location to provide information and assistance about missing or unaccounted for
persons and decedents. The FAC also supports the reunification of the missing or
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deceased with their loved ones. The FAC coordinates with the ME/C to assist in the
taking of family information necessary or helpful for the identification of decedents.
Family: Any individual that considers him or herself to be a part of the victim’s family or
household even if there is not a legal familial relationship. No more than six person
allowed per decedent.
Antemortem Data: Information about the missing or deceased person that can be used
for identification. This includes demographic and physical descriptions, medical and
dental records, and information regarding their last known whereabouts. Antemortem
information is gathered and compared to post-mortem information when confirming a
Disaster Mortuary Operational Response Team (DMORT): DMORTs are federal teams
within the National Disaster Medical System (NDMS) under the direction of the US
Department of Health and Human Services that provide support for mortuary
operations following a mass-fatality disaster. In addition to the general DMORT teams,
the DMORT capabilities include Disaster Portable Morgue Units (DPMU), a Weapons of
Mass Destruction (WMD) Team, and an FAC Team.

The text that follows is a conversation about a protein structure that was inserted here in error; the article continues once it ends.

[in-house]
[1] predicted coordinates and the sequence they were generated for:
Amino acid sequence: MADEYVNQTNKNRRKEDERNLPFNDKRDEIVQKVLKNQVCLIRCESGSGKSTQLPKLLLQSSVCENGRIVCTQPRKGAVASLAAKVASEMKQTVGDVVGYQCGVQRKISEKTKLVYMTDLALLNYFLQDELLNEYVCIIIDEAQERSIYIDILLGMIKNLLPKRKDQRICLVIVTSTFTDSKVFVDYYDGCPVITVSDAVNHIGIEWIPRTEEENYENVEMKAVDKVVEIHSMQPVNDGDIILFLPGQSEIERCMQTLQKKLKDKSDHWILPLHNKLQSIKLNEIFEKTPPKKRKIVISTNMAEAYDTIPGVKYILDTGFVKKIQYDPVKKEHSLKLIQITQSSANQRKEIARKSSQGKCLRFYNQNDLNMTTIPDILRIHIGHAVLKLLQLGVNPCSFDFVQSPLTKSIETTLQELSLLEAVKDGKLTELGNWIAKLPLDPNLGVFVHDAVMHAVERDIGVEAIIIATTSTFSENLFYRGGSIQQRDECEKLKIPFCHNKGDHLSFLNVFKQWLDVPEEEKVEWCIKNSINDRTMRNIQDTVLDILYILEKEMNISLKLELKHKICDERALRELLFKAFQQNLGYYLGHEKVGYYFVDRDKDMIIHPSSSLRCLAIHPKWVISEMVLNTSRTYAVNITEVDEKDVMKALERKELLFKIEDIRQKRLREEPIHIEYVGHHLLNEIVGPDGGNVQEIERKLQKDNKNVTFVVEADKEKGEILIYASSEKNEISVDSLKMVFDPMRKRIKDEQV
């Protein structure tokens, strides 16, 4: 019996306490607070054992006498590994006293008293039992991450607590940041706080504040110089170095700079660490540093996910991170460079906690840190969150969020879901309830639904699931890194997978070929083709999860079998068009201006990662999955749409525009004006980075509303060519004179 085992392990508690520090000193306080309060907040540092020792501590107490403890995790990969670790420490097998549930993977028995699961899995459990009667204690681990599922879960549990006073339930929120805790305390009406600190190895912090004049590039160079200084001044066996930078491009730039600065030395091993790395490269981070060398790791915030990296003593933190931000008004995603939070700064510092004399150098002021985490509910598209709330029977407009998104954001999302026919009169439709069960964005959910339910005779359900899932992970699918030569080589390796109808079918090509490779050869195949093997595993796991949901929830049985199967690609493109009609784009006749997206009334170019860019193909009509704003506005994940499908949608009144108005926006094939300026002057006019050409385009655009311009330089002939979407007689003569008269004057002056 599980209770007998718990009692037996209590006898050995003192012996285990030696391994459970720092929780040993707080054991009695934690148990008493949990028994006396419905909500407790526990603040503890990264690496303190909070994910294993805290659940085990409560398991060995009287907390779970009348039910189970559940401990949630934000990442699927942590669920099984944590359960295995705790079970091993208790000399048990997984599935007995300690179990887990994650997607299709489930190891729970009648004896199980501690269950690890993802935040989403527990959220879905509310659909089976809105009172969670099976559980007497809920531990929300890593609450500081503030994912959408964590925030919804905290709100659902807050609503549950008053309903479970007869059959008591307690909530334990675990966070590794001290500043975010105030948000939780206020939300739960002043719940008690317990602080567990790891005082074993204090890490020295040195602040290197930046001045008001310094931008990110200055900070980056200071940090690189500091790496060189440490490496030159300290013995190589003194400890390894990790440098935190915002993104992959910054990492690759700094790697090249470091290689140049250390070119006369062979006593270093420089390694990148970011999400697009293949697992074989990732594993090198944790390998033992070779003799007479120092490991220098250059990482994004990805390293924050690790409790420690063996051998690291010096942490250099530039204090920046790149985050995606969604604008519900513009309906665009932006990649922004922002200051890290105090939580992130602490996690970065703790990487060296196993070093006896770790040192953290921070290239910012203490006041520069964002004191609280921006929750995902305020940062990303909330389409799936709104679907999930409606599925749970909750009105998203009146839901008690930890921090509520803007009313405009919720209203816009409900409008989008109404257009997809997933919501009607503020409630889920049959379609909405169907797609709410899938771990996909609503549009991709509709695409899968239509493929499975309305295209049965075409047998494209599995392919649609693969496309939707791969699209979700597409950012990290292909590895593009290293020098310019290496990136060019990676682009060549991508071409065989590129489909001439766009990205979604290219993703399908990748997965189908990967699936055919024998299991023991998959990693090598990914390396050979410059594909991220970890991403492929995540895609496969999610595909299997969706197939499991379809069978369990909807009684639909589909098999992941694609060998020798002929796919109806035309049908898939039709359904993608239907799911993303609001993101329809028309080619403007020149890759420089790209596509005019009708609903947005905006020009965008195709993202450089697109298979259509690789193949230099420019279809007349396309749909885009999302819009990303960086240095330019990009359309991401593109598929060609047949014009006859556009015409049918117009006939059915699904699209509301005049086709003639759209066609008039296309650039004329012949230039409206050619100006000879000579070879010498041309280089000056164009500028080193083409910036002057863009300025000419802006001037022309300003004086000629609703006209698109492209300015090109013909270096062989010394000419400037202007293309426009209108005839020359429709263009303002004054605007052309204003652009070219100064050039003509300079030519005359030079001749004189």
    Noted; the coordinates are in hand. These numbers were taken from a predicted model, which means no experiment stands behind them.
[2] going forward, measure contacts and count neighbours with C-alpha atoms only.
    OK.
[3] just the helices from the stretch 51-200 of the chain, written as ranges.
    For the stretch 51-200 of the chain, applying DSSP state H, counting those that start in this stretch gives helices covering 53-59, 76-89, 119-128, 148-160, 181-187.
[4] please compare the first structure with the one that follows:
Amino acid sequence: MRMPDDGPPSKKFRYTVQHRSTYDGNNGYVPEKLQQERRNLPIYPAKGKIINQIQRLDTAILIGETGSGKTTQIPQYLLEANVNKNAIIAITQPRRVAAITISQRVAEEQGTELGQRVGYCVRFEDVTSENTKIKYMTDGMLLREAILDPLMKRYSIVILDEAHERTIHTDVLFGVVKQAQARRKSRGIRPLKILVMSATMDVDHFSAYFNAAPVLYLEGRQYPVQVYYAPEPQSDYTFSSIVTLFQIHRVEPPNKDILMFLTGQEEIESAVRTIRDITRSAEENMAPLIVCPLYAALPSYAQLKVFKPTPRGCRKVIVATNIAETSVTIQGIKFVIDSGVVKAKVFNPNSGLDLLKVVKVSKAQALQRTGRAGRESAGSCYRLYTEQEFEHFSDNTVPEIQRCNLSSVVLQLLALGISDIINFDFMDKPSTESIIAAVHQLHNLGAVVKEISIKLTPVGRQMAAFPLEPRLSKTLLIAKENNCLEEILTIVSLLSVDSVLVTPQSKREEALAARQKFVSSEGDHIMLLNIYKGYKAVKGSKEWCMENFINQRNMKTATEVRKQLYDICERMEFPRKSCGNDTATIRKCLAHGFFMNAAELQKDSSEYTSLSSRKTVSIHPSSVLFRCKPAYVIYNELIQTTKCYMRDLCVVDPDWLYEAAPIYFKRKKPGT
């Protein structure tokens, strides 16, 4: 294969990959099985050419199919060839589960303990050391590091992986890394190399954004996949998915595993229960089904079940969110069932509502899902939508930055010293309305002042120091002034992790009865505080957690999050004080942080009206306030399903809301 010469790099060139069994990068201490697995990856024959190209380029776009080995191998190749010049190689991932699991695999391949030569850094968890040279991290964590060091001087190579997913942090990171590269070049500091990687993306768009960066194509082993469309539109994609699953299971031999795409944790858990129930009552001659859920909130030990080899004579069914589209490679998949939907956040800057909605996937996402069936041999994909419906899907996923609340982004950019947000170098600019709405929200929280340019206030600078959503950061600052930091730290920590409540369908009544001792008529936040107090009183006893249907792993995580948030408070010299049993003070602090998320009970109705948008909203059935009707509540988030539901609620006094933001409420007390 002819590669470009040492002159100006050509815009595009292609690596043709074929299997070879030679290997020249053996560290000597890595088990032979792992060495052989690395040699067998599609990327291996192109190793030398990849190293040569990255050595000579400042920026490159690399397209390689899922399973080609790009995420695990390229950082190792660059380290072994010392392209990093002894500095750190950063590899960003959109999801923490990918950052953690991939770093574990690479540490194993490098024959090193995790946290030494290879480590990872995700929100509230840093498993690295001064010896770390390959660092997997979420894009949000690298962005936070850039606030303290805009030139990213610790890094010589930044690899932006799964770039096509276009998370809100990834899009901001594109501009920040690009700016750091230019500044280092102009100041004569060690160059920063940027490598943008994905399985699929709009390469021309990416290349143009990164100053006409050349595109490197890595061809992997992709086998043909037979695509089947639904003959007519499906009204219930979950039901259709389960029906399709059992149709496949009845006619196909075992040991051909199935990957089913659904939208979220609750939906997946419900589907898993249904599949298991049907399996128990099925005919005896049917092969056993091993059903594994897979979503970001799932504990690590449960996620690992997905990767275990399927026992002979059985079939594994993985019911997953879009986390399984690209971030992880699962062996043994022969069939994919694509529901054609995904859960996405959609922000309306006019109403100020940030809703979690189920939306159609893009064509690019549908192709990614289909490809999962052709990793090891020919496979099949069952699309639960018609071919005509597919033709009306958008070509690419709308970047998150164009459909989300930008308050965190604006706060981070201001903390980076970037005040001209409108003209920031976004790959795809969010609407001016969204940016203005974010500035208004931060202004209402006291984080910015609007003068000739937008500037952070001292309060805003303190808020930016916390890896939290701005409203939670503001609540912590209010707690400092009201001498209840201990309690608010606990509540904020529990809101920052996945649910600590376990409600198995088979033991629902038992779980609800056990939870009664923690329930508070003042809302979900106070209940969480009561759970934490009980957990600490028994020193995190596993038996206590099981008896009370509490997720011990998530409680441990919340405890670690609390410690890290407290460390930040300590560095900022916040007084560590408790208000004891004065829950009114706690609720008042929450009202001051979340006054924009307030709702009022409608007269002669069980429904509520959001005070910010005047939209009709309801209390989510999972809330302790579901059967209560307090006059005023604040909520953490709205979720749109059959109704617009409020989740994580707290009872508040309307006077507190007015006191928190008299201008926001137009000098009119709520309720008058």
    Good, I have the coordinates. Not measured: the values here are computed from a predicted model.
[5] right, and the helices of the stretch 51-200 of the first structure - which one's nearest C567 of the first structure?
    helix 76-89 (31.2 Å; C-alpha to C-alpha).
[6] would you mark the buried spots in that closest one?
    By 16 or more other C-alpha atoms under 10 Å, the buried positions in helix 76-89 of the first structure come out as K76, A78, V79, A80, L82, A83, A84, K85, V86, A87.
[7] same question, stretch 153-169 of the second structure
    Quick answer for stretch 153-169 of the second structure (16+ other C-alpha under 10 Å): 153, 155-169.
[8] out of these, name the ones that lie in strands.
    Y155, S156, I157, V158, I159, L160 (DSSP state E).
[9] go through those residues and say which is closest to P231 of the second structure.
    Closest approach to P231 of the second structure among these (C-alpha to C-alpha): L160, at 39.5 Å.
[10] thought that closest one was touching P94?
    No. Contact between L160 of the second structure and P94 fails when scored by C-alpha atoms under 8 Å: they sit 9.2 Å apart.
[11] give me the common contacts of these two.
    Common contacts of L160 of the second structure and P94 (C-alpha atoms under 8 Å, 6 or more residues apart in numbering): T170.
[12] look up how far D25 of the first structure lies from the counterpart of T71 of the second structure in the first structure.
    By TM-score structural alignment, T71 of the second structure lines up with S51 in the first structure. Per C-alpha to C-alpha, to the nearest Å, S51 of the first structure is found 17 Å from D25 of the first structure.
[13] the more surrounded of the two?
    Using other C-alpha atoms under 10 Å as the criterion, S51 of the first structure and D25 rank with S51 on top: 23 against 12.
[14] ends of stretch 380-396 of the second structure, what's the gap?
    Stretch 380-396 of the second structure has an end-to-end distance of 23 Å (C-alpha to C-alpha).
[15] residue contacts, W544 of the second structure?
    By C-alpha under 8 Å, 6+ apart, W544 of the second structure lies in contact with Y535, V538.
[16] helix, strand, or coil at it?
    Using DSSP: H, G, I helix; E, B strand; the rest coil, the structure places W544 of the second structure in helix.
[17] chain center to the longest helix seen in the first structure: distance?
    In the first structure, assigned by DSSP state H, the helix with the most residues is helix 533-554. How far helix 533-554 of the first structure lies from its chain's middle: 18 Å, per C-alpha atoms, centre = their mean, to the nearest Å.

Family Interview: A conversation conducted with FMs by representatives from the
Medical Examiner/Coroner’s Office or FAC staff to collect antemortem information
about the missing or deceased person. This may be an interview to complete the
DMORT Victim Identification Profile form, which includes demographic and physical
descriptions of the individual.
Reunification: The process of reuniting FMs with their missing or deceased loved one.
Victim Identification Profile (VIP): A database developed and managed by DMORT to
manage antemortem and postmortem information for the purposes of helping to
facilitate victim identification. This database is used by ADFS.
Guiding Principles. The following principles will guide all FAC planning.
Our goal is to serve and support families in their time of need. When in doubt, consider
what would best meet their needs and plan for that.
Our mission is not to “fix” the situation for families, but to create systems that support
families with information and assistance, help bring a sense of order during times of
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Family assistance services support the continuum of emergency response and support